Goncalves: Cliffs Has No Plans to Produce Merchant Pig Iron

Written by Tim Triplett

Though he admits it was not the original plan, Cleveland-Cliffs Chairman, President and CEO Lourenco Goncalves said Wednesday at AISTech that his company no longer intends to produce merchant pig iron for sale to competitors, as has been widely speculated.

In the past two years, Cleveland-Cliffs has purchased AK Steel and ArcelorMittal USA, making it the largest flat-rolled steel producer in North America. In addition to its eight blast furnaces, the company also now operates four electric arc furnaces (EAFs). It also has extensive iron ore holdings in the Minnesota iron range and opened a new plant for production of hot-briquetted iron (HBI) in Toledo, Ohio, earlier this year. So the company has something of a complicated relationship with the rest of the industry when it comes to production and consumption of scrap and scrap substitutes, as well as the need to reduce carbon emissions to stem climate change.

“I originally approached AK Steel to buy the blast furnace at Ashland. That was my intention at the time, to extend the metallics footprint of Cleveland-Cliffs to serve the EAFs. Then I realized I could buy the entire company. After that, I never talked about Ashland as a supplier of pig iron for the market,” Goncalves said.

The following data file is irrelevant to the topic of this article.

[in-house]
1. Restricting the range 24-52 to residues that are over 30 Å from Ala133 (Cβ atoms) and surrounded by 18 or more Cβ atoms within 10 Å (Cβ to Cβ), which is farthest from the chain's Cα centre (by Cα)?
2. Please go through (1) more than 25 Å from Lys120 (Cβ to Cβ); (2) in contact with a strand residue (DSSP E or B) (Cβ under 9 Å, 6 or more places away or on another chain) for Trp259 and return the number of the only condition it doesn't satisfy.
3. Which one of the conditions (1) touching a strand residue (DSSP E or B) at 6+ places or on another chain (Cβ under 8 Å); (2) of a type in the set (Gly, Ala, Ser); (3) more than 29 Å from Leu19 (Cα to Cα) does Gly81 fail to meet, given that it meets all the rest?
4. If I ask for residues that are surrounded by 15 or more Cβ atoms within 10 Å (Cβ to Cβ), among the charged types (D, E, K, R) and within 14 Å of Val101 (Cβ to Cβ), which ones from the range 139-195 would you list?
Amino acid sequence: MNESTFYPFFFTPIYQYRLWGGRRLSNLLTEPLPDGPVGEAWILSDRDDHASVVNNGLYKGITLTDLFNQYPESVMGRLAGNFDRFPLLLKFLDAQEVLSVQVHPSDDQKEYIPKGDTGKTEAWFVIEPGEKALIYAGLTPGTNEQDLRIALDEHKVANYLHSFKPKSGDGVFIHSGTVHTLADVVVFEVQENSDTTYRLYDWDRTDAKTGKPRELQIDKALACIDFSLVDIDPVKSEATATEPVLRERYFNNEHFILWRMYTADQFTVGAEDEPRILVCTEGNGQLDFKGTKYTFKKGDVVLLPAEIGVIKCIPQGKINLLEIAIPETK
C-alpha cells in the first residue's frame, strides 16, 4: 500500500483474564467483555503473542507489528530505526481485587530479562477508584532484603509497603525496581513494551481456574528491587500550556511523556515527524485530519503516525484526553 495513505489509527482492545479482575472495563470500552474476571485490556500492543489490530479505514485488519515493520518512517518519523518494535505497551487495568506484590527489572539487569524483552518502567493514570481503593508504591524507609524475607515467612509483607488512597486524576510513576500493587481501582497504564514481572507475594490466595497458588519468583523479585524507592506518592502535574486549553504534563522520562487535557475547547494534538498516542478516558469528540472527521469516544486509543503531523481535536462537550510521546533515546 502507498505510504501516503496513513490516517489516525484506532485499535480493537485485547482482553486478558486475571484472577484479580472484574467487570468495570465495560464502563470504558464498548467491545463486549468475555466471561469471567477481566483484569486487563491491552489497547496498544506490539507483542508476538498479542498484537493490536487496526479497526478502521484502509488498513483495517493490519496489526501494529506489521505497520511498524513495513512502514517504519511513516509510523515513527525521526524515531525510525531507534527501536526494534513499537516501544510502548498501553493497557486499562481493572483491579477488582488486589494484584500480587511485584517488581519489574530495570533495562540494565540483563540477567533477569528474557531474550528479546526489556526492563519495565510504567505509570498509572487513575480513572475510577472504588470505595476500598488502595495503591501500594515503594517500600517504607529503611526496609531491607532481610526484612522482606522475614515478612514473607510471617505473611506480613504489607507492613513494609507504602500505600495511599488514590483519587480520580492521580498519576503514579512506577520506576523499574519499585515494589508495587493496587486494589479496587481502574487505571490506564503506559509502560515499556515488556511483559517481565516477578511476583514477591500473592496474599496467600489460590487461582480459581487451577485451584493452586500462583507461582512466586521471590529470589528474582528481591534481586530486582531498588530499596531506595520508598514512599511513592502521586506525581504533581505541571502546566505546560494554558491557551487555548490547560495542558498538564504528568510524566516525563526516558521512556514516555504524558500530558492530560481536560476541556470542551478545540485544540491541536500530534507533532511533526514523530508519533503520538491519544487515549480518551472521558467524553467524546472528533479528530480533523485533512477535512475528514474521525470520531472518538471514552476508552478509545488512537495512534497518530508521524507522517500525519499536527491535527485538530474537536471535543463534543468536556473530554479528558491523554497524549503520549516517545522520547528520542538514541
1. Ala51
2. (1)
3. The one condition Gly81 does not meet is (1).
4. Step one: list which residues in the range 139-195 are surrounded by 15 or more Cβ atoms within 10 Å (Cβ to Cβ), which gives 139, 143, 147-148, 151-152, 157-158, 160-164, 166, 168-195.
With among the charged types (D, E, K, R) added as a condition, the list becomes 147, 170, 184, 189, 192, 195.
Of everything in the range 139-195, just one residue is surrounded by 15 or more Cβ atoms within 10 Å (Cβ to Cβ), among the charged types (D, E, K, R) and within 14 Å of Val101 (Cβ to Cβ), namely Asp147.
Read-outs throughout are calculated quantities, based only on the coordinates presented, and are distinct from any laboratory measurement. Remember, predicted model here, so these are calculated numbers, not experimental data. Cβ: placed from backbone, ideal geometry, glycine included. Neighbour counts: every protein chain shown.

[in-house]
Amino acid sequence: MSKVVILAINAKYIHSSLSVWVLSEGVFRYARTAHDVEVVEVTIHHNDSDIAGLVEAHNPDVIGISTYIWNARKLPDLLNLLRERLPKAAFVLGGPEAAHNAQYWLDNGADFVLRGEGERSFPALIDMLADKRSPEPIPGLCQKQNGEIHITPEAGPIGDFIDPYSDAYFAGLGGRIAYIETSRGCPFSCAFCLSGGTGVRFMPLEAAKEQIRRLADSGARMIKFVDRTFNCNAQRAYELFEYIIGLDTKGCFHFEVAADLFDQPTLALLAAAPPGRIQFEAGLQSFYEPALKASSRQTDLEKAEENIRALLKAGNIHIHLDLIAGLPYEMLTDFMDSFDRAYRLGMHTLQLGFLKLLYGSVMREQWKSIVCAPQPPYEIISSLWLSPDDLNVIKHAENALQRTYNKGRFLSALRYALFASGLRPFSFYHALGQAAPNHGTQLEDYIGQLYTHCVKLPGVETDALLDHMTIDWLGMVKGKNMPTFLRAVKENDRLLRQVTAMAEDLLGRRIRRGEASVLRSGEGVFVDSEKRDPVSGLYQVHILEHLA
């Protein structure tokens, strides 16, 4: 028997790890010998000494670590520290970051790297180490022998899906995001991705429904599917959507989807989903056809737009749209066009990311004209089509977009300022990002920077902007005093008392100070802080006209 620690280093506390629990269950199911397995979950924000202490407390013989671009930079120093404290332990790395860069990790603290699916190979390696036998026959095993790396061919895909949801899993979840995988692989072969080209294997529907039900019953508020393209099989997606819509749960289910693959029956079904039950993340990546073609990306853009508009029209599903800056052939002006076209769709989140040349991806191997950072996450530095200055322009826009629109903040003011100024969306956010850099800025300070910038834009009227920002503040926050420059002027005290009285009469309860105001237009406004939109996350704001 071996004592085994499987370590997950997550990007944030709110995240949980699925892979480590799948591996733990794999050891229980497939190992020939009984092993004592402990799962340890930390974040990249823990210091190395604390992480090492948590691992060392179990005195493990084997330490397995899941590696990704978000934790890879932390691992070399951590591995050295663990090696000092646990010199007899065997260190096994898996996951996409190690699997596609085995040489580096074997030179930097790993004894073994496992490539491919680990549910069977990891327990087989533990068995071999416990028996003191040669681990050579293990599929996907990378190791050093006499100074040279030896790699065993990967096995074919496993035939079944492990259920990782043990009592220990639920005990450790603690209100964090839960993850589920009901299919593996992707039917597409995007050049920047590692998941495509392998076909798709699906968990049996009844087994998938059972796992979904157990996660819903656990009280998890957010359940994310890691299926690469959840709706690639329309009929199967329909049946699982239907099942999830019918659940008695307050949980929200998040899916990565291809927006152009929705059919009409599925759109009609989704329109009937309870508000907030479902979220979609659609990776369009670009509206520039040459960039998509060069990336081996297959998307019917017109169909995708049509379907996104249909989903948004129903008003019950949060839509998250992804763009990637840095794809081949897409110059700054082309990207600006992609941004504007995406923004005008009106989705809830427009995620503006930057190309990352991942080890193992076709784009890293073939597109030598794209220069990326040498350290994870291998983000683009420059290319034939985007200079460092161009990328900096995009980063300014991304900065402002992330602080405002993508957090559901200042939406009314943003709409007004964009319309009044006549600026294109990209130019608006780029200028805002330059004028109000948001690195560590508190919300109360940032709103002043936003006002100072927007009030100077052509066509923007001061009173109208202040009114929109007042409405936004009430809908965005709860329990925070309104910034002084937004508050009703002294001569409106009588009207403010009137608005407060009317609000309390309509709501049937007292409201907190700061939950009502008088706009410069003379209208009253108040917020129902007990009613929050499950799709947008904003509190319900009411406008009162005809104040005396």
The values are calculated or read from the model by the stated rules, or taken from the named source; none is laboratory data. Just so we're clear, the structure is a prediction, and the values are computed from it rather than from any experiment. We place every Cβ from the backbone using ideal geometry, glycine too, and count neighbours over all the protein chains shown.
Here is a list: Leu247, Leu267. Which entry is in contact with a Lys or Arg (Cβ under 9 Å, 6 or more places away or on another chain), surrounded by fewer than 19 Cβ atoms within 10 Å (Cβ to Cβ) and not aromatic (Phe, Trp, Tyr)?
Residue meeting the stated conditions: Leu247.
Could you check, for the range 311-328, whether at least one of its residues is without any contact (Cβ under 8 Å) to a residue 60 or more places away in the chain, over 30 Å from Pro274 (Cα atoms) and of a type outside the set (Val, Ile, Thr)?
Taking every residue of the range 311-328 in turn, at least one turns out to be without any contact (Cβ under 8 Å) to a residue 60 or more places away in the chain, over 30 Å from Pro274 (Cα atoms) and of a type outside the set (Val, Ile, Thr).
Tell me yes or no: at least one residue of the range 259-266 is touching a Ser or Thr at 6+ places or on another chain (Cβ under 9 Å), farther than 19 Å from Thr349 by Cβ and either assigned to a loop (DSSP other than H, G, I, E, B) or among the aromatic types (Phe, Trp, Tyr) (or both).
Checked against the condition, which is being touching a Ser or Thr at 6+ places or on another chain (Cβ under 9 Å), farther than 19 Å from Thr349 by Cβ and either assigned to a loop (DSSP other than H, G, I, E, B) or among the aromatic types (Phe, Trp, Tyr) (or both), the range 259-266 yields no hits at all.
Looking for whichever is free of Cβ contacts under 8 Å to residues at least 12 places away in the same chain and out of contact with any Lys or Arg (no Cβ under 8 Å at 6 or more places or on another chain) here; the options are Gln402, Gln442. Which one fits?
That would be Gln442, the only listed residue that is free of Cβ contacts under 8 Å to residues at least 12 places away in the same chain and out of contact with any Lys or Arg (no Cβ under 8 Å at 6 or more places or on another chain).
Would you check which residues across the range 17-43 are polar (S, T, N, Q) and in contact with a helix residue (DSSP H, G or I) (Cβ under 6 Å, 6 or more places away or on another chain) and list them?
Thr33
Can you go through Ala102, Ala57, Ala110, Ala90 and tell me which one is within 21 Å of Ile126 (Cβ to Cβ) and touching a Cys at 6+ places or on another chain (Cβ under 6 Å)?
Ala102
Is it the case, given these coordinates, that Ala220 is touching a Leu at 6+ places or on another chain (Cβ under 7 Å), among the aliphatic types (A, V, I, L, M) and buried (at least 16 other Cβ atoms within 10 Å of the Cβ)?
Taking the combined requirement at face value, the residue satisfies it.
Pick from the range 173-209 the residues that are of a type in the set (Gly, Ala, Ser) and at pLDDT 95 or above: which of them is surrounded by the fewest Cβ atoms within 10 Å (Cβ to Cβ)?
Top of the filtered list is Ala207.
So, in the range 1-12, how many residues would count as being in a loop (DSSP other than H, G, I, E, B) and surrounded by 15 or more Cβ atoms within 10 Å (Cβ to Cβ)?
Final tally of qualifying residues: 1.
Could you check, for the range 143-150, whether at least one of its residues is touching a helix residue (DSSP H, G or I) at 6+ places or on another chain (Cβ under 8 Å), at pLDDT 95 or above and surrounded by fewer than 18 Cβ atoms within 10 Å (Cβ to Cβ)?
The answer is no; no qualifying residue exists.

Cliffs’ primary goal is to meet its own raw material needs. “Will I have enough pellets from the new DRI (direct-reduced iron) facility to supply the market or do something inside the company? It’s a business. Let’s see how things go,” he said.

Commenting on Cleveland-Cliffs’ strategy to reduce carbon emissions, Goncalves said his plan is to increase the use of HBI/DRI in both its blast furnaces and EAFs. “HBI is an integral part of our efforts to continue to reduce our emissions. We are using HBI in five of our eight blast furnaces at this point. My goal is to use it in all eight blast furnaces and to continue to increase the percentage of HBI used in [each melt]. Why? When you use HBI in a blast furnace, you are loading iron that is already reduced. So you don’t need the coke to reduce that portion of the batch. We are also using HBI in all four EAF plants. That has eliminated our need to buy prime scrap outside the company.”

He added: “We are confident our CO2 generation will get to a point between now and 2030 that we’ll be able to implement real carbon capture, allowing us to claim being carbon neutral. But we need to continue to knock down carbon. There’s no way to capture it if you continue to produce massive amounts of CO2.”

Meanwhile, the venerable Ashland mill has been razed and the idled No. 3 mill at Indiana Harbor may face the same fate. Goncalves was critical of companies that have resurrected aged facilities from bankruptcy when the capacity was better left idled. “One of the problems of this industry is that these things are like the Highlander. They never die.”

By Tim Triplett,

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